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Therapeutics

Review: Adults who require inhaled corticosteroids benefit from a moderate starting dose

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ACP J Club. 2004 Nov-Dec;141:72. doi:10.7326/ACPJC-2004-141-3-072


Clinical Impact Ratings

GIM/FP/GP: 6 stars

Pulmonology: 6 stars


Source Citation

Powell H, Gibson PG. High dose versus low dose inhaled corticosteroid as initial starting dose for asthma in adults and children. Cochrane Database Syst Rev. 2004;(2):CD004109. [PubMed ID: 15106238]


Abstract

Question

In patients with asthma not treated by inhaled corticosteroids (ICSs), what is the optimum starting dose?

Methods

Data sources: The Cochrane Airways Group register (includes studies from MEDLINE, EMBASE/Excerpta Medica, CINAHL, hand-searched respiratory journals, and meeting abstracts).

Study selection and assessment: Randomized controlled trials (RCTs) comparing 2 different doses (including step-down therapy) of the same ICS for ≥ 4 weeks in patients with oral-steroid–independent asthma.

Outcomes: Asthma symptoms, lung function, exacerbations, airway hyperresponsiveness (AHR), and asthma control.

Main results

Of 26 RCTs (4- to 24-mo duration) that met the selection criteria, 17 were in adults. Step down vs constant ICS: No significant differences were reported for FEV1, symptoms, use of rescue medication in adults, adverse events, or asthma control. High vs moderate ICS dose: 2 RCTs showed an improvement for FEV1 in the high-dose group relative to the moderate-dose group in adults (Table). No significant differences were reported for change in morning or evening peak expiratory flow (PEF), symptoms, rescue medication use, AHR in adults, or adverse events. High vs low ICS dose: No significant differences were reported for FEV1, change in PEF, symptoms, rescue medication use, AHR, or adverse events. Moderate vs low dose: Moderate ICS doses led to a greater improvement from baseline in morning PEF (5 RCTs) and night waking (3 RCTs) (Table). No significant differences were reported for evening PEF, PEF diurnal variation, symptom scores, rescue medication use, AHR in adults, and adverse events. 2- or 4-fold difference in ICS dose: When ICS dose was examined as a multifold increase over the comparator, the only significant difference found was for morning PEF, for which the change from baseline was greater for ≥ 4-fold and 2-fold increased ICS doses (Table).

Conclusions

In patients with asthma who require inhaled corticosteroids, an initial high dose improves FEV1 but does not differ from moderate doses for other asthma outcomes. An initial moderate dose improves peak expiratory flow and reduces night waking more than a low dose.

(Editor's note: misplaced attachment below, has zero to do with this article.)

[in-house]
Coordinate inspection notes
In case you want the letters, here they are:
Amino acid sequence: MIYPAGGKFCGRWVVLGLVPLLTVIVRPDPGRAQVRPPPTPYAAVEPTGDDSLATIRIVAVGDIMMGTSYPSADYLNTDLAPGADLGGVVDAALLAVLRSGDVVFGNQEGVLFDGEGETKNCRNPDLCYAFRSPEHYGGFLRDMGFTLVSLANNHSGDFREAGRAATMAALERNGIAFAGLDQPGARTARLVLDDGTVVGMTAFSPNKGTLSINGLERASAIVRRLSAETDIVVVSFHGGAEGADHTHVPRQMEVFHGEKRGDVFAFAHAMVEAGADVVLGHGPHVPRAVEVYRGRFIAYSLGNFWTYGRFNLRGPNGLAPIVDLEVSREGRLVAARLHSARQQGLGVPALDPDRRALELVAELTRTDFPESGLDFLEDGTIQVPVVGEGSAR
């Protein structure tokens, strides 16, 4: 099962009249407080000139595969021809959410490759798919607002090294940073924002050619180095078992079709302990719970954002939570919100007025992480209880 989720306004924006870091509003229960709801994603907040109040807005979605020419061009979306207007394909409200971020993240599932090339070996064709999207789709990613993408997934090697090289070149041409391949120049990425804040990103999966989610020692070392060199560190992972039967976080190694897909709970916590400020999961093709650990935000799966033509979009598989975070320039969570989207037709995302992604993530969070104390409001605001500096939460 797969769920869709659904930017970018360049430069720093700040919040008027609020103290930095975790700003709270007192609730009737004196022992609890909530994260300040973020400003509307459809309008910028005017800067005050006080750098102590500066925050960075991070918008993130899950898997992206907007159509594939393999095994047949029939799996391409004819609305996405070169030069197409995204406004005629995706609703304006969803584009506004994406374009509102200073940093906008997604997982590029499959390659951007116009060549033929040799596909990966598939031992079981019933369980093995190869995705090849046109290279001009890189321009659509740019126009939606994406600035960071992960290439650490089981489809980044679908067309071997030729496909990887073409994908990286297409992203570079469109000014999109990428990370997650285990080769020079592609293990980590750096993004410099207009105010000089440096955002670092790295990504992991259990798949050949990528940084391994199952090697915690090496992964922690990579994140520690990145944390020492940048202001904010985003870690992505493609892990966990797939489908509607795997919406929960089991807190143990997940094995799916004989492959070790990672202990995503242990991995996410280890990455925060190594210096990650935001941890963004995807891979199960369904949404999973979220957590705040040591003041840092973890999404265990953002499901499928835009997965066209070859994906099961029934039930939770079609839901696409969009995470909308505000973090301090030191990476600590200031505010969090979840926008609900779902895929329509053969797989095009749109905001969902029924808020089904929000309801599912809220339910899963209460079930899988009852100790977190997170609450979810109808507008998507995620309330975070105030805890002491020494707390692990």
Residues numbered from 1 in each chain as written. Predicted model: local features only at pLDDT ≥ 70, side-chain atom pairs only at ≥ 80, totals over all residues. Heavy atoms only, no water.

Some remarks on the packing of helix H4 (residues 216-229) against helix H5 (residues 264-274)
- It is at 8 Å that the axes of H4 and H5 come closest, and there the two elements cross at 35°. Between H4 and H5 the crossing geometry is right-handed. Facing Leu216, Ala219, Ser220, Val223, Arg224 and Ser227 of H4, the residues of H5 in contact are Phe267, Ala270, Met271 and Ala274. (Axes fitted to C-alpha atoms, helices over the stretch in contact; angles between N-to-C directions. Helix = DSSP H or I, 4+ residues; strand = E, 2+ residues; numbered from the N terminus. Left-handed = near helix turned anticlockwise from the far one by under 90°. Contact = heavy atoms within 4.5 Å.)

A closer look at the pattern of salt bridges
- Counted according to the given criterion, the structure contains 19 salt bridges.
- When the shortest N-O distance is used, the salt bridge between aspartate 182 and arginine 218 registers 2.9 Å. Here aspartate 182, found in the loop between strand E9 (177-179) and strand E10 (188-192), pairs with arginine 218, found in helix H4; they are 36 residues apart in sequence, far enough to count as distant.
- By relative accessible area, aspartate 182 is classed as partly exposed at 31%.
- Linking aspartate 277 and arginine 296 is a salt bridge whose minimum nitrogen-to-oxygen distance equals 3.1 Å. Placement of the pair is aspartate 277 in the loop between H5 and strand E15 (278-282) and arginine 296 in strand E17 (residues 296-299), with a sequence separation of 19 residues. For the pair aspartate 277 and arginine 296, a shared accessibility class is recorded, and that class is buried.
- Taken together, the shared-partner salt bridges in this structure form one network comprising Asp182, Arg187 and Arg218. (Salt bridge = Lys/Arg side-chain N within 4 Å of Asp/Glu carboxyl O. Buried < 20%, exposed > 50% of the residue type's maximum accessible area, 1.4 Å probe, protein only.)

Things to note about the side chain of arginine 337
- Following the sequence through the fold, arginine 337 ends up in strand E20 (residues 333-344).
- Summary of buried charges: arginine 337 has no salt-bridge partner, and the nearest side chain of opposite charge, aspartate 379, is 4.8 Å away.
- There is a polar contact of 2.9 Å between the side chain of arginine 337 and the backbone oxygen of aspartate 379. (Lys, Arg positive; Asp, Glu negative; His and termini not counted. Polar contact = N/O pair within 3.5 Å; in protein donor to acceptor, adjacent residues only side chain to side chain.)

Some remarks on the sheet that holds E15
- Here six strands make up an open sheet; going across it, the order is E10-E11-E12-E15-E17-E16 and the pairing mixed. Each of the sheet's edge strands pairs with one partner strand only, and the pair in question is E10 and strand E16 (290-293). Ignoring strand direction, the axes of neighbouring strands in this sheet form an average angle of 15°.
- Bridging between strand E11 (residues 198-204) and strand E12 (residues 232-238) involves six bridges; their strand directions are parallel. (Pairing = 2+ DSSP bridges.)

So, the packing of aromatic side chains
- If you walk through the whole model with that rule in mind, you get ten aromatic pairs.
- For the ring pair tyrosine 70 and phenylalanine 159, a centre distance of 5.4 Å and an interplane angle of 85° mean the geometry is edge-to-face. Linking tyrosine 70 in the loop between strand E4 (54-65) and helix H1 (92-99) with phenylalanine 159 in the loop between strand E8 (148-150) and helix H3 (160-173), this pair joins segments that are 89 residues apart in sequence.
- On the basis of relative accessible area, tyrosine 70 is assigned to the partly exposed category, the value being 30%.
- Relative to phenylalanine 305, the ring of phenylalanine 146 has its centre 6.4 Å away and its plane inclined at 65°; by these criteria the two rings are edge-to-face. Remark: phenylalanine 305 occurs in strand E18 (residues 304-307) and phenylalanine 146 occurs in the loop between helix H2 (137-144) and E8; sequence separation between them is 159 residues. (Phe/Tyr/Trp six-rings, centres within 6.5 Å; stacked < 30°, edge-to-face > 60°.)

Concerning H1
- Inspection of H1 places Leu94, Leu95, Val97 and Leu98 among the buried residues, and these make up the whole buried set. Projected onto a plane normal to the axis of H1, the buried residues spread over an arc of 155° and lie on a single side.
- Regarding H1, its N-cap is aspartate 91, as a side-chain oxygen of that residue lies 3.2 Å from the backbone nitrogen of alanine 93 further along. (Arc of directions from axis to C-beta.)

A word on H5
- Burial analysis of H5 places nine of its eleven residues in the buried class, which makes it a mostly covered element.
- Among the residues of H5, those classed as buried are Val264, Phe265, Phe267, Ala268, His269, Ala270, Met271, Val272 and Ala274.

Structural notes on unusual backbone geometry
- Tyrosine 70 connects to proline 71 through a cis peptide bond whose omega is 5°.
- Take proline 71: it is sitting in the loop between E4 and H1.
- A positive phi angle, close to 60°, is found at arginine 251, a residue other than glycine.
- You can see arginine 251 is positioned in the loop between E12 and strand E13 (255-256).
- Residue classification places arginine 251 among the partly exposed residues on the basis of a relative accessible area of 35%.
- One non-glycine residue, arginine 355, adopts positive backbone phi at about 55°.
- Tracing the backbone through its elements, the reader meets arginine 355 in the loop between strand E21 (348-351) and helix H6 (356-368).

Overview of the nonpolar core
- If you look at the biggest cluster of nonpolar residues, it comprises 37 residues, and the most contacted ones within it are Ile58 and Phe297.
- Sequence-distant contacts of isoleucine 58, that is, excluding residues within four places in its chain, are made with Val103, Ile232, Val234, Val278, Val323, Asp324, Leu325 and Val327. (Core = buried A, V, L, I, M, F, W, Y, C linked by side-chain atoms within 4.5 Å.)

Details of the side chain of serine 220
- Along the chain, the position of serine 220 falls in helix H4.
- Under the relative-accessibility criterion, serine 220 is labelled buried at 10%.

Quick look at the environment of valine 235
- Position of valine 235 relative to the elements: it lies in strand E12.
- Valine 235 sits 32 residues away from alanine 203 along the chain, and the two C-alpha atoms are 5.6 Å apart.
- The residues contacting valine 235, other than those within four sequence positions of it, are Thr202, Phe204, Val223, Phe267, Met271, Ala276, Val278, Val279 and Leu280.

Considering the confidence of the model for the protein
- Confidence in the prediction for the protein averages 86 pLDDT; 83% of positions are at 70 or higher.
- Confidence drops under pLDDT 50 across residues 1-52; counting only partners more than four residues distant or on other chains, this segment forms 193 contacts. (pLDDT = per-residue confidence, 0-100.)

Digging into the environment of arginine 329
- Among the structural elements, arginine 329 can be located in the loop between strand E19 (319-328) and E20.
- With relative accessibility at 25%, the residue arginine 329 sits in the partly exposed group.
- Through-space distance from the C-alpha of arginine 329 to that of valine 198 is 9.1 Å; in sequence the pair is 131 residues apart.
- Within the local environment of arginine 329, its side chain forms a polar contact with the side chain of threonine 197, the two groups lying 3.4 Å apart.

Source of funding: Cooperative Research Centre for Asthma (Australia).

For correspondence: Dr. P. Gibson, John Hunter Hospital, Newcastle, New South Wales, Australia. E-mail mdpgg@mail.newcastle.edu.au.


Table. Initial starting doses of inhaled corticosteroids for asthma*

Outcomes Comparisons Number of RCTs Weighted mean difference (95% CI)
FEV1 % predicted High vs moderate dose 2 10.3 (2.5 to 18.2)
Morning PEF (change from baseline) Moderate vs low dose 5 11.1 (1.3 to 20.9)
Night waking Moderate vs low dose 3 −0.29 (−0.53 to −0.06)
Morning PEF (change from baseline) ≥ 4-fold vs base dose 5 10.2 (1.8 to 18.7)
2-fold vs base dose 8 6.8 (0.75 to 12.8)

*PEF = peak expiratory flow; RCT = randomized controlled trial. All differences favor group listed first in the comparison column.


Commentary

Airway inflammation is the key pathologic feature of asthma, and ICSs remain the most effective antiinflammatory medication and the cornerstone of asthma pharmacotherapy. However, some other features of asthma, such as airway smooth muscle dysfunction (manifesting as AHR), respond more slowly, and airway remodeling does not seem to respond to ICS at all. Assuming equivalence in drug potency, delivery, and airway deposition, the dose response to ICS depends on 2 major factors: the outcomes being measured and the duration of treatment. Different outcome measures will have different response times even when a constant dose is maintained. Nocturnal symptoms and rescue bronchodilator requirements can reach a maximum response in days to weeks, but morning peak flows and AHR often require many months before reaching a plateau in response (1).

The review by Powell and Gibson aims to ascertain the optimum initiating dose of ICS by pooling RCTs comparing various dose ranges. However, the multitude of study designs with differing durations and outcome measures poses important challenges. There is a paucity of studies, and pooling is hampered by heterogeneity. Few studies have been done in children. Nevertheless, the results suggest that the optimum efficacy for ICSs is achieved at a moderate dose range, with high doses suggesting an advantage of better lung function (as measured by FEV1) in 2 studies in adults, and a possible advantage for improvement in AHR.

Since high-dose ICSs have systemic absorption and side effects, one needs to consider the tradeoff between benefits and risks. Even when clinical heterogeneity in ICS response is taken into account, this ratio has to favor initiation with and sustained adherence to moderate-dose ICS for most patients.

With increasing use of long-acting β-agonists (which are especially effective for symptom control and protection against AHR) in combination with ICSs, further studies may well favor low-dose ICS in combination therapy.

Frank Thien, MD, FRACP, FCCP
Alfred Hospital & Monash University
Melbourne, Victoria, Australia


Reference

1. Reddel HK, Jenkins CR, Marks GB, et al. Optimal asthma control, starting with high doses of inhaled budesonide. Eur Respir J. 2000;16:226-35. [PubMed ID: 10968496]